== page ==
Floats are dead. Long live table layouts.

The CSS float property is the building block of the present web page. For the last decade it’s been unrivalled in laying out content into columns and grids. Except floats exist only for one reason: Shifting a box to the left or right so that content can flow around the outside.

Text flowing around a floating box

You might have done this many times when inserting media into your word processor and not realised that this is how you build web pages. It’s an “ingenious use of the materials available” but stands out as inappropriate when our disposition is to believe in how advanced CSS has become.

Say what?

I don’t want to teach anyone to suck eggs so if you’ve spent your evenings reading CSS specifications it may be wise to skip to the next section.

Floating elements are shifted to the left or right of the current line. Multiple floats can be placed adjacently if there is enough horizontal space.

A block lacking any flow content will collapse

Floating elements no longer flow and therefore do not affect the preceding elements layout, so a parent block lacking any other content will collapse as if empty. Forcing the parent container to wrap around the floats and contain them vertically requires triggering a new block formatting context1 or inserting a pseudo-element with float clearing properties after the contents. Usually overflow: hidden or ::after { clear: both; } respectively.

Triggering a new formatting context will force a block to wrap floats

Both of these methods are ugly, somewhat hard to understand (“Why is this so ugly?”) and may cause further issues when used over-zealously. I think these techniques have been used so much we don’t even blink or take a step back to realise what they are actually doing. A new Intrinsic and Extrinsic sizing module is under discussion with the intention to better describe box sizing, including the addition of key words for containing floats (E.G. min-height: contain-floats;). I hope the module is picked up as a logical progression but it takes us no closer to elegantly defining page layouts.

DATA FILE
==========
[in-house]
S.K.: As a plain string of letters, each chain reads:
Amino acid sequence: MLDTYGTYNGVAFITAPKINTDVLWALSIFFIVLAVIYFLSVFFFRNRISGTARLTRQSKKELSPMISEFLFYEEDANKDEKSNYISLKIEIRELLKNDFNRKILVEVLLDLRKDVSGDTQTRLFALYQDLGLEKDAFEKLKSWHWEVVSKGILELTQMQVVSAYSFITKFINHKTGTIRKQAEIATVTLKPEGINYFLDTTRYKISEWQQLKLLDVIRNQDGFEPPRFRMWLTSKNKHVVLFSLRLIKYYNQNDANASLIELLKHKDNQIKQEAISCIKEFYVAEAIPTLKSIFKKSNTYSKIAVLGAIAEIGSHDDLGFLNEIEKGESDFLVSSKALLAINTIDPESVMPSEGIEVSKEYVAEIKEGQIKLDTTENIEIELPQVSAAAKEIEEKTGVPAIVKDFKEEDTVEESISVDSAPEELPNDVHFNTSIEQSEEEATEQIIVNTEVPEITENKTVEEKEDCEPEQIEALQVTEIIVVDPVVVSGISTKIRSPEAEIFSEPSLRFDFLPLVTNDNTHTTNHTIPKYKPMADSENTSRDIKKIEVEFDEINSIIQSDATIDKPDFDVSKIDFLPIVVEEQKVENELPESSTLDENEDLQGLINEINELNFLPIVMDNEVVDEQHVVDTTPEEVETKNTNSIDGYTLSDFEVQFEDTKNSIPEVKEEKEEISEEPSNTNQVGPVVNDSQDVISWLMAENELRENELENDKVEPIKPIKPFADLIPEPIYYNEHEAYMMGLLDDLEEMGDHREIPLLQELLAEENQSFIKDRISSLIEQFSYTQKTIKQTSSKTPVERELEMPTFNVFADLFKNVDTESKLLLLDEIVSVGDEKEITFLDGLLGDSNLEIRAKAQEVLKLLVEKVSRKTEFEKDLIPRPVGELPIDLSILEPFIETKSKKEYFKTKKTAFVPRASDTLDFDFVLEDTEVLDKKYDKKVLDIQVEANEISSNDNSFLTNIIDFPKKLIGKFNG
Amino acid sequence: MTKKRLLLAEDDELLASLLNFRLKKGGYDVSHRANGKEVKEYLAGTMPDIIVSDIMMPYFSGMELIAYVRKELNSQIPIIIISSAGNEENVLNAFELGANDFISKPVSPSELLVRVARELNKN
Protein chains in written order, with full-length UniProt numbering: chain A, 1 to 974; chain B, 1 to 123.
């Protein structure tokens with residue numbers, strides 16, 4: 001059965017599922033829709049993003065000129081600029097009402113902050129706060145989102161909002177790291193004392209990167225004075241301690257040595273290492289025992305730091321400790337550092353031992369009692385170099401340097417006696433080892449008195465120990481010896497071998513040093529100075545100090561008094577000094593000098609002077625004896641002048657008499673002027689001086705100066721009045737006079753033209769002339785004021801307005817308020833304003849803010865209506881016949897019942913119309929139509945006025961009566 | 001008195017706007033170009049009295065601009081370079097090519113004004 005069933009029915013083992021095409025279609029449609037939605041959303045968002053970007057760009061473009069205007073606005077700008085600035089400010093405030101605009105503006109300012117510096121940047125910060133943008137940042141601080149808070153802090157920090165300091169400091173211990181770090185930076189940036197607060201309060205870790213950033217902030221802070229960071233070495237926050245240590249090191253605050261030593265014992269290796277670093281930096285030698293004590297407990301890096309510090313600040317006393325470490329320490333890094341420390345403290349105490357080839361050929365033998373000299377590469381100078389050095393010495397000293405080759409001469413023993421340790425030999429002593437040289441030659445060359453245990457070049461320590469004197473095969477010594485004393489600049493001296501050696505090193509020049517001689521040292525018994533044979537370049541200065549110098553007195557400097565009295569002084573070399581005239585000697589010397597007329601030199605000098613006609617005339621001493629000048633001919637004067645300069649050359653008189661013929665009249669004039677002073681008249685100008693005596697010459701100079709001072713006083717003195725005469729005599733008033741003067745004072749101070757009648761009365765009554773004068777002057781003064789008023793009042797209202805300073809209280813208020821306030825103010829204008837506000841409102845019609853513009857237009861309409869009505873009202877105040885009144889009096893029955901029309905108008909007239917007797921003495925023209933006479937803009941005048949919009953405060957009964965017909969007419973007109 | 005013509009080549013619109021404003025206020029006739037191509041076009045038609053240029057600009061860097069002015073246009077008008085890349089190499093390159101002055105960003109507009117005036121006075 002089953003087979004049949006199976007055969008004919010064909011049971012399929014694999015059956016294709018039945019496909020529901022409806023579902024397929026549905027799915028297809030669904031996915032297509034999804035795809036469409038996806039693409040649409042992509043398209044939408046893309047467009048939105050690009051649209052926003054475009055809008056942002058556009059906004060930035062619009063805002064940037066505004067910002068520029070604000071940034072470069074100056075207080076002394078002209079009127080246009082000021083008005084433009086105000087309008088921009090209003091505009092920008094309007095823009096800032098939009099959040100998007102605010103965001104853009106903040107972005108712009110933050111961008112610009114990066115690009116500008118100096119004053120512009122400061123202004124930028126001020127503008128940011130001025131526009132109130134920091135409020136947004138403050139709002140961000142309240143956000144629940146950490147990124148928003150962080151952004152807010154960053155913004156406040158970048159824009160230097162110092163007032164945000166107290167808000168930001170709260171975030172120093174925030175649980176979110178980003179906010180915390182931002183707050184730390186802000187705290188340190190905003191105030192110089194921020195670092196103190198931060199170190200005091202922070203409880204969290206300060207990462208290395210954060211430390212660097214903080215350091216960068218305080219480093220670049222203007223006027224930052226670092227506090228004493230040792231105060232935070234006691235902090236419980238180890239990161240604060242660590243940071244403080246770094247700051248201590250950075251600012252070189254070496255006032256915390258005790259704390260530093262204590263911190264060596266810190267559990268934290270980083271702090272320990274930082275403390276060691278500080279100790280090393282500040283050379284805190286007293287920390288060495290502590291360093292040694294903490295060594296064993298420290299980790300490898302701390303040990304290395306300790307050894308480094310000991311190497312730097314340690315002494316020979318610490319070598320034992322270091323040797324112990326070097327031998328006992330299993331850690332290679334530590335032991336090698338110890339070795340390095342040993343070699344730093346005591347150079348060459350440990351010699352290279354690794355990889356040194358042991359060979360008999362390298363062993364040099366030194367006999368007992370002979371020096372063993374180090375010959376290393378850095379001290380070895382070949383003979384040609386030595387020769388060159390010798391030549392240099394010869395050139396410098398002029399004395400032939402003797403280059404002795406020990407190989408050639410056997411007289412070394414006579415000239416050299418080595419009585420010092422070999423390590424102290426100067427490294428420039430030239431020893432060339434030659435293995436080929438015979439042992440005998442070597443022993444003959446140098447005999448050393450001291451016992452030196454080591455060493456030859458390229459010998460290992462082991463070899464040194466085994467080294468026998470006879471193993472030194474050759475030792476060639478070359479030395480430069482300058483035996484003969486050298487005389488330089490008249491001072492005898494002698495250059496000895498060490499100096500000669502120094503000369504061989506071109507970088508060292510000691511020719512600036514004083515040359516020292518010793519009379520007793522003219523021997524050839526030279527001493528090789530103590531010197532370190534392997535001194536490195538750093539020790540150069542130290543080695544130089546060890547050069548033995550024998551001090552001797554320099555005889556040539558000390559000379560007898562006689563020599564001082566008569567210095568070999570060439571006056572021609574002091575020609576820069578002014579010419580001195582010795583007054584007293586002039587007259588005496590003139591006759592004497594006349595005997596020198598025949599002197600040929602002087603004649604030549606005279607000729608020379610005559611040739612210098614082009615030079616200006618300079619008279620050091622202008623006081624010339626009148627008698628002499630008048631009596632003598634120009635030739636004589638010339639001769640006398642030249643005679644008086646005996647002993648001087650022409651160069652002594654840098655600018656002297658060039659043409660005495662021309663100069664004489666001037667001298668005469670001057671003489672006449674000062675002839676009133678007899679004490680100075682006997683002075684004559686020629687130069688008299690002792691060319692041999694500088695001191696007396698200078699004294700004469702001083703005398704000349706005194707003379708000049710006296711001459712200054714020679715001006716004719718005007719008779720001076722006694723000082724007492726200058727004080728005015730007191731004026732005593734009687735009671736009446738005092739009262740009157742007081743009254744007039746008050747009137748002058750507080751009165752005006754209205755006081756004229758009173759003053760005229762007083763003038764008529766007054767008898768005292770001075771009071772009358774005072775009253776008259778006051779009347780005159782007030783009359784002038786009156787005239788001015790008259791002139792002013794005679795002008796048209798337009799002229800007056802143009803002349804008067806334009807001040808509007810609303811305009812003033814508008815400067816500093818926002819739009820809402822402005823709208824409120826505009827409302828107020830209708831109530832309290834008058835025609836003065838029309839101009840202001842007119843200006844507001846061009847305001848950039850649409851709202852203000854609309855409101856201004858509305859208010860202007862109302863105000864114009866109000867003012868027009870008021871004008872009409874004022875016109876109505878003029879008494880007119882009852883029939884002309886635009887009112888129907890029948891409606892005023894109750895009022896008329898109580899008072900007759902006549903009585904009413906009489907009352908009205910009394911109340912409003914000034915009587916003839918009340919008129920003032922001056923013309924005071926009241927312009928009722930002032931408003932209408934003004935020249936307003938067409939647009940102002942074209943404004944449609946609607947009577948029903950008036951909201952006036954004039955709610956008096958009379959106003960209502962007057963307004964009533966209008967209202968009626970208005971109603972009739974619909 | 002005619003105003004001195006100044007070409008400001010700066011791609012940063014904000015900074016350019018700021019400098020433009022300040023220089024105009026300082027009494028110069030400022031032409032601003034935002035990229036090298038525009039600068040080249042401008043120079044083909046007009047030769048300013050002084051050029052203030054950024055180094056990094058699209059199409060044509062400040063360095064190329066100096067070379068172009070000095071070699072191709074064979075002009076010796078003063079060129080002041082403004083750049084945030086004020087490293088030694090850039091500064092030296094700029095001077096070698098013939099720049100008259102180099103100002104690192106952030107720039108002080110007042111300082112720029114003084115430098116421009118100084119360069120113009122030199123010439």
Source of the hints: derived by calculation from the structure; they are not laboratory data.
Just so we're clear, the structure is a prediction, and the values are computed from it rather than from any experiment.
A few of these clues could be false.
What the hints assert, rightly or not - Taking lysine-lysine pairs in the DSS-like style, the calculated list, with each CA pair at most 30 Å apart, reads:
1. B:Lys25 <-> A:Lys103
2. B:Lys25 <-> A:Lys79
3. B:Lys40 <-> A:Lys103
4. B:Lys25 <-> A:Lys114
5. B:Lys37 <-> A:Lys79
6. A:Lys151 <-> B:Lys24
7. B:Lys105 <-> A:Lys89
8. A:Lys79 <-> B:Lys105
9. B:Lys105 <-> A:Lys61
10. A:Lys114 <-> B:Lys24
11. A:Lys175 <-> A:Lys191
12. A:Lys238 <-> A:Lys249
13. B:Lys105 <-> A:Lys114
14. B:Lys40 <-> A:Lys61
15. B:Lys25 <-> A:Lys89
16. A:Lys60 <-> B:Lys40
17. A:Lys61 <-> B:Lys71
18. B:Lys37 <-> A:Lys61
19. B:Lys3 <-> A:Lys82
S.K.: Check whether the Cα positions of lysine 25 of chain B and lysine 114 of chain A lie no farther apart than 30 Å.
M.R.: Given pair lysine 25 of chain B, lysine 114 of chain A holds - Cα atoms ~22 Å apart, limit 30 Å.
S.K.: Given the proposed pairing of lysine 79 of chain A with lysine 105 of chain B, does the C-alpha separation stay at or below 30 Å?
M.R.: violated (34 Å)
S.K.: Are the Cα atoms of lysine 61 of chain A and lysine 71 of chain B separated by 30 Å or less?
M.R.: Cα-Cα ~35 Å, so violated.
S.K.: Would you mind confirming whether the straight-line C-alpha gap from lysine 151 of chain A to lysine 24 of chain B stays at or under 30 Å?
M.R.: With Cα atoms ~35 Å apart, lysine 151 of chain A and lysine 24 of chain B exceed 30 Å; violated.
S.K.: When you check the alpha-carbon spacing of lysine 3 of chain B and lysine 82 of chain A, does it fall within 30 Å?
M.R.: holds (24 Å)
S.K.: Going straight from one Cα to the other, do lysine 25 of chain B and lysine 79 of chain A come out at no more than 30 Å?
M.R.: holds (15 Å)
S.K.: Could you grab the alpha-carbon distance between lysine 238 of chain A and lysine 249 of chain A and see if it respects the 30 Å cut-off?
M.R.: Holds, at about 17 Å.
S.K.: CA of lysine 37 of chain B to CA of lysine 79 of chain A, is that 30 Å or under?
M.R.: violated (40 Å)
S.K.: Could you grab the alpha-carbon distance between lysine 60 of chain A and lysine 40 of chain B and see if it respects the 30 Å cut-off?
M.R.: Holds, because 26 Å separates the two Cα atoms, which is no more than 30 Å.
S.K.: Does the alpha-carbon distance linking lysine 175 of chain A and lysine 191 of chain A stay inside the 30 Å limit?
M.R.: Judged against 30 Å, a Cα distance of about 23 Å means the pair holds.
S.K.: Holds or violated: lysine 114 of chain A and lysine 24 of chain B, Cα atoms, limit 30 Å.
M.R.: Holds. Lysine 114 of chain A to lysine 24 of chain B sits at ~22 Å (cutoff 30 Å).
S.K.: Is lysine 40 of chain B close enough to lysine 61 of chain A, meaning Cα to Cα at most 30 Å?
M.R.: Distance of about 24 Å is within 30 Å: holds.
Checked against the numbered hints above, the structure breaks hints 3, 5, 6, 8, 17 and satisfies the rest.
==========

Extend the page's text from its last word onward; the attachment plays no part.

CSS3 FTW?

There are a few layout module specs reaching maturity but none seem unified for creating full page layout (Grid layout aside but it’s some way off), only parts thereof. I may be short-sighted in seeing the possibilities and timid that any usage of these magical new modules “won’t work on my clients corporate box within the next 5 years” but I don’t see any practical replacements arising in the near future. When grid layout does reach maturity I hope we are not in a position to require a fall-back; there isn’t one.

Is the future really from the past?

In 2002 CSS 2.1 introduced the visual table model. In an effort to wean developers away from misusing tables as a means to format a document new properties were added to assume the same valuable layout characteristics. However the collection of properties have been really underused, partly due to CSS 2.1 not reaching candidate recommendation until 2011 and any hope of capturing developer adoption was thwarted by the usual suspect. Support arrived in Internet Explorer 8 in 2009, too late to effect the clearfixing habit. There are undoubtedly issues too with the (lack of) naming conventions of associated properties and unfamiliar form of the default layout algorithm. Familiar box model dimensions, padding, margins and borders have analogues with some table model specific property names.

Table formatting however can be awesome as it can behave in ways similar to border box sizing or fluxing flexible box layout proposal and combat gritty problems such as columns within elements with no width, vertically even columns and avoid rounding errors in flexible grids. It may be more useful than you might think.

I realise this post is introducing nothing new and all development decisions are bound by context, but with developer support for IE7 starting to come to an end you could find “the visual table model” fits many of your layout needs quite comfortably in the very near future.


  1. The visual formatting specification states that “a new block formatting context must not overlap the margin box of any floats in the same block formatting context as the element itself”. For more human-readable details check out this heroic Stack Overflow answer.

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About the Author

A photo of Matt Hinchliffe

Matt Hinchliffe

I'm a 26 year old UI developer working at Lonely Planet based in London. I specialise in crafting scalable, performance-driven code, tackle accessibility issues and keep an opinionated interest in the latest hotness. I like my tea robustly brewed, white and with no sugar, thanks!